Is journalism inevitable? Will methods of finding, synthesizing, and distributing truth naturally emerge in some form or another, regardless of social structure, or political regime, or economy? Does journalism “need” to happen for a society to work? 

In the USSR, when the government and KGB restricted access to information, citizens created samizdat (Russian for “self-published”) to secretly distribute novels, poetry, political tracts, and philosophy in hand-typed and photocopied editions, passed from one person to the next. Samizdat also included Western popular music like rock and jazz that were bootlegged with tape recorders (magnitizdat) or pressed into records using old X-rays (roentgenizdat), which were called “bone records” or, delightfully, “ribs.” There was also a periodical called A Chronicle of Current Events that from 1968 to 1982 was a forbidden publication for the nascent human-rights movement in Russia.

Now, there’s a modern version of this underground distribution network, a media project called Samizdat Online created after Russia’s 2022 invasion of Ukraine, when Putin’s security services restricted access to sources of real information. Samizdat Online “makes it possible to bypass the DNS [Domain Name System] blockades set up by autocratic regimes” so that readers in Russia, Iran, Saudi Arabia, and elsewhere can read journalism that their countries have blocked by generating, per Business Insider, “new, randomized domains for media outlets” so that readers can see “what is essentially a mirrored version of a publisher’s site or article.”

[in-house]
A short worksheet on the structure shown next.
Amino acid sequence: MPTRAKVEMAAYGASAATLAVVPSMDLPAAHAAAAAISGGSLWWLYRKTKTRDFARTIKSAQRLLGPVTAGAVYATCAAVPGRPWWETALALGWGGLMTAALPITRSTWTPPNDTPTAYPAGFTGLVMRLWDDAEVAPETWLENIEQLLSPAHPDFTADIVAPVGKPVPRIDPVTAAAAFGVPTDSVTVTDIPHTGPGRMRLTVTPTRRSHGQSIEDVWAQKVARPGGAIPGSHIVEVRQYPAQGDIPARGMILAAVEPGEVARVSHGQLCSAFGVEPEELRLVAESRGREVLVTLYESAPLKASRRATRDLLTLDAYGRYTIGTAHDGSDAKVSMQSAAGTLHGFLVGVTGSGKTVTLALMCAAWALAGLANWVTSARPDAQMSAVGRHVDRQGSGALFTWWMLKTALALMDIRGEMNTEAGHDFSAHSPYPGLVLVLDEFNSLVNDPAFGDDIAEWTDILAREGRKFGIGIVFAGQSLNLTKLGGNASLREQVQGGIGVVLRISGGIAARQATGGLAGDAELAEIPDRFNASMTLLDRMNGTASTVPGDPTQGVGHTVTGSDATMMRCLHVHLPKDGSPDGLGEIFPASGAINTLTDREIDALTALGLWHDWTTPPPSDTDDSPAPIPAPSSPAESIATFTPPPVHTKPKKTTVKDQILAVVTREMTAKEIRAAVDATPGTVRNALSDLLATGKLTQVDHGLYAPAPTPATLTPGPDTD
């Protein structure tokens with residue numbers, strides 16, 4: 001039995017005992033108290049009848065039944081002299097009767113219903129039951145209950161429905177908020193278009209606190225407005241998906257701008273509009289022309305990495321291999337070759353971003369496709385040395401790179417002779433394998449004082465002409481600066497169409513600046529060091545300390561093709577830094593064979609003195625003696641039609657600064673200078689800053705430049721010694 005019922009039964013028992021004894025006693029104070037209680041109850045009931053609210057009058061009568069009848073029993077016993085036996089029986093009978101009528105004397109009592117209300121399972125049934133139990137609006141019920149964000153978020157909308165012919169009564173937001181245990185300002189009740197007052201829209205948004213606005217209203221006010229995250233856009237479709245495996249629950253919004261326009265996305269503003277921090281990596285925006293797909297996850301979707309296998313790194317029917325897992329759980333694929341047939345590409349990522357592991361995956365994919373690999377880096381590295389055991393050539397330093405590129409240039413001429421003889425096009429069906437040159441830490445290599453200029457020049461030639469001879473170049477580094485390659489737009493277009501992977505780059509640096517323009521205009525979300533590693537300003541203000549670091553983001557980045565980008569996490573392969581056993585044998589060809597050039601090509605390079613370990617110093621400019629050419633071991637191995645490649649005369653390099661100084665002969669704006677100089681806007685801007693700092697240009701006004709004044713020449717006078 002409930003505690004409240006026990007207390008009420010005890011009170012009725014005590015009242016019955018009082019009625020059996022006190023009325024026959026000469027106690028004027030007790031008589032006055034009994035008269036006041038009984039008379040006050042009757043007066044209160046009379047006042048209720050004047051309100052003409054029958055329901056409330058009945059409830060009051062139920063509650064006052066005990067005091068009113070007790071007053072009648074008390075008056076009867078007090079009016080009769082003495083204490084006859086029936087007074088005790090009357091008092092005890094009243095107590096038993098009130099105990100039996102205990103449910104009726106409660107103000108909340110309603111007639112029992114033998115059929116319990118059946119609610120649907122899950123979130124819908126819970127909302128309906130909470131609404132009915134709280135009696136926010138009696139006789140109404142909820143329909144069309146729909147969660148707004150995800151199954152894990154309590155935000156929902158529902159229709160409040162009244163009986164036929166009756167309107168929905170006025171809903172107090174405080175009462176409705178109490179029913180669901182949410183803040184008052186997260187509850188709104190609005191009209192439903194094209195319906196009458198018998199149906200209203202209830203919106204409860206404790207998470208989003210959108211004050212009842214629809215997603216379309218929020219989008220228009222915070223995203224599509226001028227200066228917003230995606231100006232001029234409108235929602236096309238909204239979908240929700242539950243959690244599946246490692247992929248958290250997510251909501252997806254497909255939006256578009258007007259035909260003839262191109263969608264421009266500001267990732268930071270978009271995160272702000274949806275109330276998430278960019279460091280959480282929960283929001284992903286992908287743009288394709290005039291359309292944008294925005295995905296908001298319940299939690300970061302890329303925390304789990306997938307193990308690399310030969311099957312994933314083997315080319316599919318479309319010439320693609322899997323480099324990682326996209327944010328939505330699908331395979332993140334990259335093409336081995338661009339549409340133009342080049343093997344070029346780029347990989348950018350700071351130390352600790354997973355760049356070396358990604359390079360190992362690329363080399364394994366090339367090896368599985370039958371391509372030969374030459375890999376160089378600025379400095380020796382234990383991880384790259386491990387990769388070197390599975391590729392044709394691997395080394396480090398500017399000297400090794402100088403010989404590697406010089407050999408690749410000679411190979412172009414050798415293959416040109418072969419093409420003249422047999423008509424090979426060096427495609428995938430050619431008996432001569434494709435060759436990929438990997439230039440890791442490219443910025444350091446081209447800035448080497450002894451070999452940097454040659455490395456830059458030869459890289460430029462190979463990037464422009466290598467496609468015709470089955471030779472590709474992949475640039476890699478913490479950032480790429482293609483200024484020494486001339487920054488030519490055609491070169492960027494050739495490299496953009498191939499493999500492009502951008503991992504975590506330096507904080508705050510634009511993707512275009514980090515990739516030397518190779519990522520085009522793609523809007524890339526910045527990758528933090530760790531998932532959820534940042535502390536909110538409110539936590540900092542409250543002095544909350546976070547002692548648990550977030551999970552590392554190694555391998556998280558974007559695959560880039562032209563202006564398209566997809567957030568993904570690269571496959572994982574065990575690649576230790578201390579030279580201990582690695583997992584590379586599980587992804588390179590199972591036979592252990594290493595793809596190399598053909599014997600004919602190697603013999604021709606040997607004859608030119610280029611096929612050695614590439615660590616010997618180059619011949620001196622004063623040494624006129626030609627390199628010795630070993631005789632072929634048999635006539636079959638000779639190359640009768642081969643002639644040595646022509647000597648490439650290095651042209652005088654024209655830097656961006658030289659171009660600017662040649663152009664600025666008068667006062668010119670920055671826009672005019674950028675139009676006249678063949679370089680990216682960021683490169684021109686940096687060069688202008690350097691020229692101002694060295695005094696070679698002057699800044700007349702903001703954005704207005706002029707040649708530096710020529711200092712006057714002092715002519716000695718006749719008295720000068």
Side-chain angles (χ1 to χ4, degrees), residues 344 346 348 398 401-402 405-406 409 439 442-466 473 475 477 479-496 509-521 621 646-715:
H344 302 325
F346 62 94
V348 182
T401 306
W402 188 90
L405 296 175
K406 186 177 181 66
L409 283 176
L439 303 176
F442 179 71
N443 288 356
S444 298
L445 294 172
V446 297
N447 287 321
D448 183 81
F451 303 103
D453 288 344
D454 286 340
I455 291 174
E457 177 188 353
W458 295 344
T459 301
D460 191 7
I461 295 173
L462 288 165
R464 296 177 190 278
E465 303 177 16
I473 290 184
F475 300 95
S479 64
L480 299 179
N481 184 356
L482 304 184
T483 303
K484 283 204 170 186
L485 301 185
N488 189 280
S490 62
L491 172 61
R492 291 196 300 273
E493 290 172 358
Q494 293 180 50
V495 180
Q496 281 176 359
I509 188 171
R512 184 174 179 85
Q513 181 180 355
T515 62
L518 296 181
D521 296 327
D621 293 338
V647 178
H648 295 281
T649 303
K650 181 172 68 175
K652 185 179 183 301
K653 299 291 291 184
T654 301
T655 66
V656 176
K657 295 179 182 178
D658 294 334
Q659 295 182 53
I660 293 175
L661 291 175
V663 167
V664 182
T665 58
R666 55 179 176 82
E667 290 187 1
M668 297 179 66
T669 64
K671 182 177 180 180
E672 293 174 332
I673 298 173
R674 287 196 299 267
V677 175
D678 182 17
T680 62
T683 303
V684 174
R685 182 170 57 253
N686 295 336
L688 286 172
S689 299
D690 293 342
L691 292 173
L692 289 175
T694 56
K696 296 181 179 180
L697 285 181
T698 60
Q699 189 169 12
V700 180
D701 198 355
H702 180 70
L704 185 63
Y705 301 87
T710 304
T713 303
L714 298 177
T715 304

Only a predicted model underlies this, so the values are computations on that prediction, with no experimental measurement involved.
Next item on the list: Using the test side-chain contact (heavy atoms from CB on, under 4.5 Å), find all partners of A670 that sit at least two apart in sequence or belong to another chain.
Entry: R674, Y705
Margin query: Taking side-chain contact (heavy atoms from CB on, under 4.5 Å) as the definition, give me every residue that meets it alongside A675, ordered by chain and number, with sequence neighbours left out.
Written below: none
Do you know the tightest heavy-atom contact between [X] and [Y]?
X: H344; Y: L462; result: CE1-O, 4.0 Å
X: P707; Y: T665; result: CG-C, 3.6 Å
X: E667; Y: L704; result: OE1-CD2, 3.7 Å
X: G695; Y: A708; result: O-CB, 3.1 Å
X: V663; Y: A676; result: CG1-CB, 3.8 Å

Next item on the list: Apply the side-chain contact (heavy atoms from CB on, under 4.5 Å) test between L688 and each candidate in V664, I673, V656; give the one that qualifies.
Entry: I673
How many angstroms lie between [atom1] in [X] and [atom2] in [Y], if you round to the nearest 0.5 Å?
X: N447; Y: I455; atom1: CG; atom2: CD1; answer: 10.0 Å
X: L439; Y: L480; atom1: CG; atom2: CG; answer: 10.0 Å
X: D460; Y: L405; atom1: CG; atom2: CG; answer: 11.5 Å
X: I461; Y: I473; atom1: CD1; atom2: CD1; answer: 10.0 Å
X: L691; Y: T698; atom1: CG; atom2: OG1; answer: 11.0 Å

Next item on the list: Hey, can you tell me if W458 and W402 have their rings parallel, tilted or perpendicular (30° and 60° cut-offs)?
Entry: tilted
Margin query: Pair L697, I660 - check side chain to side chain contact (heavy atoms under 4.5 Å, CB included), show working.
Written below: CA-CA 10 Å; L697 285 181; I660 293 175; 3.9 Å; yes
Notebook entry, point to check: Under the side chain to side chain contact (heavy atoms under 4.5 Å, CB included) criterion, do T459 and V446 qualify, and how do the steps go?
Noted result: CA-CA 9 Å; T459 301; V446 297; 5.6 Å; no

Samizdat is a parable for the beauty of truth growing improbably out of salted earth. It suggests that humans are wired to want and find and produce news, that it will happen despite the severity of the regime that tries to restrict it. I think I see this yearning for news in the proliferation of newsy entities all over the new media: informative stuff on YouTube and TikTok; on Twitter once upon a time and on X maybe still now; on podcasts and in newsletters. People — journalists and not — finding niches to talk about the kinds of esoteric things that might have shown up in the alt-weeklies. 

Just one case in point: A YouTuber named Jenny Nicholson has gone viral for a four-hour video detailing the epic letdown of her visit to Disney’s Star Wars hotel

Not exactly a deep-dive into fraud within a police department, but Nicholson demonstrates, as a 2022 Google study puts it, that Gen-Z viewers “are more willing than ever to indulge in hours-long video content covering topics close to their hearts.” Which may explain why, as one Pew survey found, the under-30s are “now almost as likely to trust information from social media sites as they are to trust information from national news outlets.” Another Pew survey found that half of US adults get at least some news from social media: While they like the convenience, speed, variety, and up-to-dateness, they worry about inaccuracy.

All of which is to say, social media seems a viable model for the future of journalism, and things like inaccuracy, while extremely worrisome, are not insurmountable obstacles when you have an American audience (or at least an American audience that responds to polls) expressing a real interest in news.